Google delays the end of third-party cookies to 2024

Martin Brinkmann
Jul 28, 2022
Google Chrome

Google announced in 2019 and in 2020 that it had plans to make third-party cookies obsolete on the Internet. The company wanted to drop support for third-party cookies in its Chrome web browser by 2022 and replace it with new technology that it called Privacy Sandbox.

google chrome third-party cookies

Now, Google announced that it has decided to delay the phasing out of support for third-party cookies to the second half of 2024. Anthony Chavez, VP, Privacy Sandbox announced the decision on July 27 on the company blog.

Google decided to delay the phasing out of third-party cookies support in the company's Chrome web browser to give developers and organizations more time to evaluate and test Google's Privacy Sandbox.

The most consistent feedback we’ve received is the need for more time to evaluate and test the new Privacy Sandbox technologies before deprecating third-party cookies in Chrome. This feedback aligns with our commitment to the CMA to ensure that the Privacy Sandbox provides effective, privacy-preserving technologies and the industry has sufficient time to adopt these new solutions. This deliberate approach to transitioning from third-party cookies ensures that the web can continue to thrive, without relying on cross-site tracking identifiers or covert techniques like fingerprinting.

Google's initial replacement for third-party cookies, FLoC, Federated Learning of Cohorts, was met with heavy resistance from organizations worldwide. Browser makers such as Brave or Vivaldi rejected FLoC outright, and Google was forced to go back to the drawing board.

FLoC was Google's first attempt at shifting tracking from individual users to groups of users. Tracking is used by advertising companies for several purposes, including delivering personalized advertisement to users and obtaining data on purchases made by users. Google came up with Topics, which was not well receive either in privacy-focused communities.

Topics, which is part of the Privacy Sandbox, attempts to associate a limited number of topics with users. Google plans to use the browsing history to come up with these topics, which advertisers then use to display ads to the user. Topics change frequently and the entire process happens locally, according to Google. Google delayed the end of support date for third-party cookies to 2023 at the time.

Now, the phasing out has once again be delayed. Here is the updated schedule:

  • Today -- Developers may test the Privacy Sandbox APIs.
  • Early August -- Privacy Sandbox trials begin with millions of Chrome users.
  • Rest of 2022 and 2023 -- trials are extended to increase the population.
  • Q3 2023 -- Privacy Sandbox APIs will become available in stable versions of Chrome by default.
  • second half of 2024 -- Phasing out of third-party cookies support in Chrome.

Google plans to display a prompt to users "giving them the option to manage their participation". Chrome users who want to stay away from all of this may want to consider switching to a different browser.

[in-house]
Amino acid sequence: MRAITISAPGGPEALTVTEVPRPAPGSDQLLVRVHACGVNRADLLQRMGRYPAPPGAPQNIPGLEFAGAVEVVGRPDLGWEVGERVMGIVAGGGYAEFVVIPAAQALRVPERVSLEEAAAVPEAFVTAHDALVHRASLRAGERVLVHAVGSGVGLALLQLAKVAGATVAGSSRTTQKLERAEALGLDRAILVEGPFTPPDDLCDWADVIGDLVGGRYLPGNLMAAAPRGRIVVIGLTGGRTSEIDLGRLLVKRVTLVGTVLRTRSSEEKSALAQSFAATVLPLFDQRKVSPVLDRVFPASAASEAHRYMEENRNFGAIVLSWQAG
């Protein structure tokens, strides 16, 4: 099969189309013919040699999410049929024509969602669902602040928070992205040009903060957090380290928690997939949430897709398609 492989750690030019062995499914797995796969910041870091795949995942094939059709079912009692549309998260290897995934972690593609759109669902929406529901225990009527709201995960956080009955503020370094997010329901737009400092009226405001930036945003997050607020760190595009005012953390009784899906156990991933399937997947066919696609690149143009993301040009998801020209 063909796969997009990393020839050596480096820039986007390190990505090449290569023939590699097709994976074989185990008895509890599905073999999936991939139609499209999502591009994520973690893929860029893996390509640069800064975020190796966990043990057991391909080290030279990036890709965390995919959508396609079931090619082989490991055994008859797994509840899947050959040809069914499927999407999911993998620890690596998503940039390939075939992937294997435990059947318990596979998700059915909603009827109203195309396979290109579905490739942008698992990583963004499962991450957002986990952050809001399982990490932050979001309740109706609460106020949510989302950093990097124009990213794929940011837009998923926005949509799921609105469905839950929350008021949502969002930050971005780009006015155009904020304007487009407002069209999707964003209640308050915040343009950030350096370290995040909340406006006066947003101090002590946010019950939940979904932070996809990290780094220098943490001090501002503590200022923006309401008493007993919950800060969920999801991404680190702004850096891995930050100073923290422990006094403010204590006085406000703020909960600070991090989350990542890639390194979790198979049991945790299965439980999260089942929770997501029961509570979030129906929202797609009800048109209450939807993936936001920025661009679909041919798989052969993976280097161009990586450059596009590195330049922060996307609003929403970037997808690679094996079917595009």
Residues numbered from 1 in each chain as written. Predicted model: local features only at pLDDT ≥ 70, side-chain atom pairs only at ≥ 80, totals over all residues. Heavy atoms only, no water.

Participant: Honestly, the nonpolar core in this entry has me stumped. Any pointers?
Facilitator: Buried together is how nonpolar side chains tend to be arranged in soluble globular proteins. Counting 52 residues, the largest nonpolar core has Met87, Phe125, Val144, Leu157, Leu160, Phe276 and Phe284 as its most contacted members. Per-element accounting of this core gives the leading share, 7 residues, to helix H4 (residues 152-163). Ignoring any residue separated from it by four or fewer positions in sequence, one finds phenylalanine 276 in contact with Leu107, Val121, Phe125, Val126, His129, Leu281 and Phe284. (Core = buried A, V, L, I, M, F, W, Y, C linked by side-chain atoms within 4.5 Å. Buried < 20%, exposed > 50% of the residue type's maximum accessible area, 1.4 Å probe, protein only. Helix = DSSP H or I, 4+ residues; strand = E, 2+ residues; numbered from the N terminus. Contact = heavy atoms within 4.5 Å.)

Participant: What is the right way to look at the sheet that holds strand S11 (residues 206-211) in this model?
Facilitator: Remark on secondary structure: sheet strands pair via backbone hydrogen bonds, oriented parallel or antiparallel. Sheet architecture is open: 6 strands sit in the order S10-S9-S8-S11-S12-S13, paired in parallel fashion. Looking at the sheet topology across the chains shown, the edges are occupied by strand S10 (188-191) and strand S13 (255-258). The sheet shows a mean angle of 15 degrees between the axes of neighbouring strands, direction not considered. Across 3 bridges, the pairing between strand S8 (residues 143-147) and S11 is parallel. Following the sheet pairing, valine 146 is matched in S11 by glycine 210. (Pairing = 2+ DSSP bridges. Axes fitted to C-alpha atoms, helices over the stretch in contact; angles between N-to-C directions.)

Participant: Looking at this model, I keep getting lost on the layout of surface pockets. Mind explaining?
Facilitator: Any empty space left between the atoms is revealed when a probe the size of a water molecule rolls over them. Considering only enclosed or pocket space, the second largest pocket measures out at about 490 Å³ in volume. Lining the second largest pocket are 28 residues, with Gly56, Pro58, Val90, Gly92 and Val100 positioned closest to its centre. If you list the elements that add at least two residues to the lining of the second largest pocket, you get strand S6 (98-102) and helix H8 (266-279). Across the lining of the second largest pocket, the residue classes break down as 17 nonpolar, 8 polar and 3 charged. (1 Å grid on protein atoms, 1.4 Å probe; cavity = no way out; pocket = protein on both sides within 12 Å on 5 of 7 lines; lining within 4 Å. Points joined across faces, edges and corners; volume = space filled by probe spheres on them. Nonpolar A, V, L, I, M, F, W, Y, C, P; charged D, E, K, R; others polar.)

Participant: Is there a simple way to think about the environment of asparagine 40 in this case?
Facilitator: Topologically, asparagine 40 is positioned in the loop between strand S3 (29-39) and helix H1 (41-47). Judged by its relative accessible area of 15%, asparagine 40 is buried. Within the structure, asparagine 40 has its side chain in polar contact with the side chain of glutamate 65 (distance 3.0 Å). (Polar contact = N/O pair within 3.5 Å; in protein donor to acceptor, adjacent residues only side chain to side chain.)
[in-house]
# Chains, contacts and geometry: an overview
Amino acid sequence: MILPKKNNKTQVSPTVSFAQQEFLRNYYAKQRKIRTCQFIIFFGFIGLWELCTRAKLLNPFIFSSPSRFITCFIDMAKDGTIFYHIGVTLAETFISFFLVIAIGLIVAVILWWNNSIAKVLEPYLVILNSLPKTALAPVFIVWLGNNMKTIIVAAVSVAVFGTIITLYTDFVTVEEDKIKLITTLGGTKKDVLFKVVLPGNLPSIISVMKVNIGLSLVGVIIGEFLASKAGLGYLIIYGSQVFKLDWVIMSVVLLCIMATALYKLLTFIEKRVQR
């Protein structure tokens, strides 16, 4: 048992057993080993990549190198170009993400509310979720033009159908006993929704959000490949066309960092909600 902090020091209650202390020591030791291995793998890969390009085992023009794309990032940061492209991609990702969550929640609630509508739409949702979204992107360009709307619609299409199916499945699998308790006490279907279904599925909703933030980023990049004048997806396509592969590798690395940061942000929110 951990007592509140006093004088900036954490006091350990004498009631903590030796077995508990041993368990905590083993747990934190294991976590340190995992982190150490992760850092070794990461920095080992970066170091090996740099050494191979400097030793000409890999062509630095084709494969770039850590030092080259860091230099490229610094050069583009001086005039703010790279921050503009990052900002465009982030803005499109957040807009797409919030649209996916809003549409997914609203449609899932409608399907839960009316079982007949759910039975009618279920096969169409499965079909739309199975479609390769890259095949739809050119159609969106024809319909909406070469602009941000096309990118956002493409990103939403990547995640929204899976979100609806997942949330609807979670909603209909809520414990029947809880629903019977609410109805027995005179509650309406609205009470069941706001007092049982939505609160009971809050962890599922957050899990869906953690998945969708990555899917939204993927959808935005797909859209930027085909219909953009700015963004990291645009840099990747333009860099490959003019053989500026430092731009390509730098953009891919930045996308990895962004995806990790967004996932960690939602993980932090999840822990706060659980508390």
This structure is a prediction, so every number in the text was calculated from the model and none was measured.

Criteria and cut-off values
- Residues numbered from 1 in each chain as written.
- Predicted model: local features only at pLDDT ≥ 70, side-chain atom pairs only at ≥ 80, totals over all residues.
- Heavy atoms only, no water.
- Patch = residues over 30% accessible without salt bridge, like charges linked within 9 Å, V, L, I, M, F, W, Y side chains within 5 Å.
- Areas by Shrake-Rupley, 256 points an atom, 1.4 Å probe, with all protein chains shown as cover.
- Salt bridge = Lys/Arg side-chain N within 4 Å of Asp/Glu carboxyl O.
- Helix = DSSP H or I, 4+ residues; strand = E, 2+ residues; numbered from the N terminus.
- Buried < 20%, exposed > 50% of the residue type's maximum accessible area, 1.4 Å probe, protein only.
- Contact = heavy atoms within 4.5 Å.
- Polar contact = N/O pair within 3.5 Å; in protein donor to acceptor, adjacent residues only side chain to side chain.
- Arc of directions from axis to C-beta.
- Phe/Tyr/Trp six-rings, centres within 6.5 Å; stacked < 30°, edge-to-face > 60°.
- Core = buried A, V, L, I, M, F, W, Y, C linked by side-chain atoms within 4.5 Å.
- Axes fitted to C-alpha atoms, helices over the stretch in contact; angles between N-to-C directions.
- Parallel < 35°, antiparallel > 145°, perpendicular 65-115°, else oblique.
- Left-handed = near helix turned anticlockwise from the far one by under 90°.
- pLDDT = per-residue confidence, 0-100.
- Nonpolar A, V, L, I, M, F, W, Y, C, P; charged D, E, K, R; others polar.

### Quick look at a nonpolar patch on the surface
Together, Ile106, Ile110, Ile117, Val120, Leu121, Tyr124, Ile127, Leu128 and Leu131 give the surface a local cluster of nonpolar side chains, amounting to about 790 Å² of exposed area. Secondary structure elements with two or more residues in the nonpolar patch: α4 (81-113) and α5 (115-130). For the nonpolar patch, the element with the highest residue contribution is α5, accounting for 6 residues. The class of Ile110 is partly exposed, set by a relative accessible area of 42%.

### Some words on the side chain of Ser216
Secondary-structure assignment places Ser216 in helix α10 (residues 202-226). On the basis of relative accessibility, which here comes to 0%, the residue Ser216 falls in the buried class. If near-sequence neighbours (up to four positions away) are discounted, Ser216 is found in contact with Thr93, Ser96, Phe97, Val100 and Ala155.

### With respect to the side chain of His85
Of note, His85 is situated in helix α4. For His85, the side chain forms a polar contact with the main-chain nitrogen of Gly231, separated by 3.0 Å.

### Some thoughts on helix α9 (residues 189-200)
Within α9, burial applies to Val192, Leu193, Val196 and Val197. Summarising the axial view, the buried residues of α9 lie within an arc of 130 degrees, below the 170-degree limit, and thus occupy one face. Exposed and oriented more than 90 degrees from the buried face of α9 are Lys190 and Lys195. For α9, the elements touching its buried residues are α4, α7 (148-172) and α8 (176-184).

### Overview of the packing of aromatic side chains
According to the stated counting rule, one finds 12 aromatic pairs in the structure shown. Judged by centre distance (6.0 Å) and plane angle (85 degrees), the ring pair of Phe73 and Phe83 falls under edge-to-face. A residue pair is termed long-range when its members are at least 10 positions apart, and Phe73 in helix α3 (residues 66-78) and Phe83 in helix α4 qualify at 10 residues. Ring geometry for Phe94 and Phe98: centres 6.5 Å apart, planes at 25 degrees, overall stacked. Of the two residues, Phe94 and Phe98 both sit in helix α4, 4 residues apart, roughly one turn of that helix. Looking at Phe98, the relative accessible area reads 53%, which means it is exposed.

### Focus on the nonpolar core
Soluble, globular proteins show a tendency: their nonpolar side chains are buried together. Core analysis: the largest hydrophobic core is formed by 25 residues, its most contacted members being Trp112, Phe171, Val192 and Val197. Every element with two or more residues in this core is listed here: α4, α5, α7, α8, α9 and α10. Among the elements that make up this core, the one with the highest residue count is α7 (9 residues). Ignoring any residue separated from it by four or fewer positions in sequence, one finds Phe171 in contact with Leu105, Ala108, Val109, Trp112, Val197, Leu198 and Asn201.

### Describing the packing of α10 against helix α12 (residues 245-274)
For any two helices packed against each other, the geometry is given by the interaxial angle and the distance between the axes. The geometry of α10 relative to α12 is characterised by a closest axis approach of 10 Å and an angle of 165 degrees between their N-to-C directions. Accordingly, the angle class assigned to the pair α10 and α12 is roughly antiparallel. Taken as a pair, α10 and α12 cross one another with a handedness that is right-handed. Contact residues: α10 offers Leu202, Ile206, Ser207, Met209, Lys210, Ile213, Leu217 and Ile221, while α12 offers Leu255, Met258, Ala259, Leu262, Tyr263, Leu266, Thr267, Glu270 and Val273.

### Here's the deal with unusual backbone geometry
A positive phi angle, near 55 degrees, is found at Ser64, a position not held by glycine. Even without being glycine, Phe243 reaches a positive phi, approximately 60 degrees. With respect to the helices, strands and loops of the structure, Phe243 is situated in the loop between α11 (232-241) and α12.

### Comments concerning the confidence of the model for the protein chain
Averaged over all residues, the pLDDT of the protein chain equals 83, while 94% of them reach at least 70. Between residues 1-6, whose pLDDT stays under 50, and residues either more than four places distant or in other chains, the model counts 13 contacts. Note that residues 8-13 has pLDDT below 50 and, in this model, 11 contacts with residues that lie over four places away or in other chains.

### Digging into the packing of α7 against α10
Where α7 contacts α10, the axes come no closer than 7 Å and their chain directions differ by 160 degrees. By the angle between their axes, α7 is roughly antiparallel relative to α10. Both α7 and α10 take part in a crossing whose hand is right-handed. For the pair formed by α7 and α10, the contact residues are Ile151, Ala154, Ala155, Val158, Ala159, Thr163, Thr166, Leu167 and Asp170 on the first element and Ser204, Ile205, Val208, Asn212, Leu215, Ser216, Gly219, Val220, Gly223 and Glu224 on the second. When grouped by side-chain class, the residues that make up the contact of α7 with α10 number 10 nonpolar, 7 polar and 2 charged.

Now You: what is your take on the updated schedule?

Google delays the end of third-party cookies to 2024
Article Name
Google delays the end of third-party cookies to 2024
Google announced plans to delay the phasing-out of third-party cookies support in the Google Chrome browser to 2024.
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  1. Coriy said on July 29, 2022 at 3:28 pm

    There may be a practical reason for the delay. Most, if not all, Google Services (Docs, Maps, Play etc.) use 3rd party cookies and ‘break’ if 3rd party cookies are disabled. The delay may simply to give Google time to fix all of the other apps and services to work with Privacy Sandbox. Also, there is the 3rd party signing into websites to consider as a new form of that, probably based around their passwordless tech, has to be up and running as well. Third party cookies have been around for so many years, and are so over-used by Google that they’re probably going to need extended time to fix the issues. Including forcing the alternate Chromium based browsers into using PS since most of them refused to allow FLoC.
    It will also give more time to privacy advocates. Thus they can develope plugins to mangle the data that PS sends.

  2. Shirley Woodruff said on July 29, 2022 at 5:04 am

    I do not want any part of this do not have my permission to share any of my Google information!!!! If I have to do anything in the future to stop this please let me know!!!!! Thank you

    1. TelV said on July 30, 2022 at 9:48 am

      Delete your Google Activity so that there’s nothing to share Shirley:

    2. Martin Brinkmann said on July 29, 2022 at 6:15 am

      Best option right now is to switch the browser if you use Google Chrome. Pick another Chromium-based browser, e.g., Vivaldi or Brave.

  3. Paul(us) said on July 28, 2022 at 7:53 pm

    It sounds more like earning the hell out of the browser schedule.

    To keep third party’s optimal financial (FLoC was such an attempt) hooked to the Google business model, (aka) read shareholders. Nothing more nothing less.
    The user is only a way to earn money that has become Cristal clear over the business (Google Inc. (1998–2017) years of Google (2017-2022).

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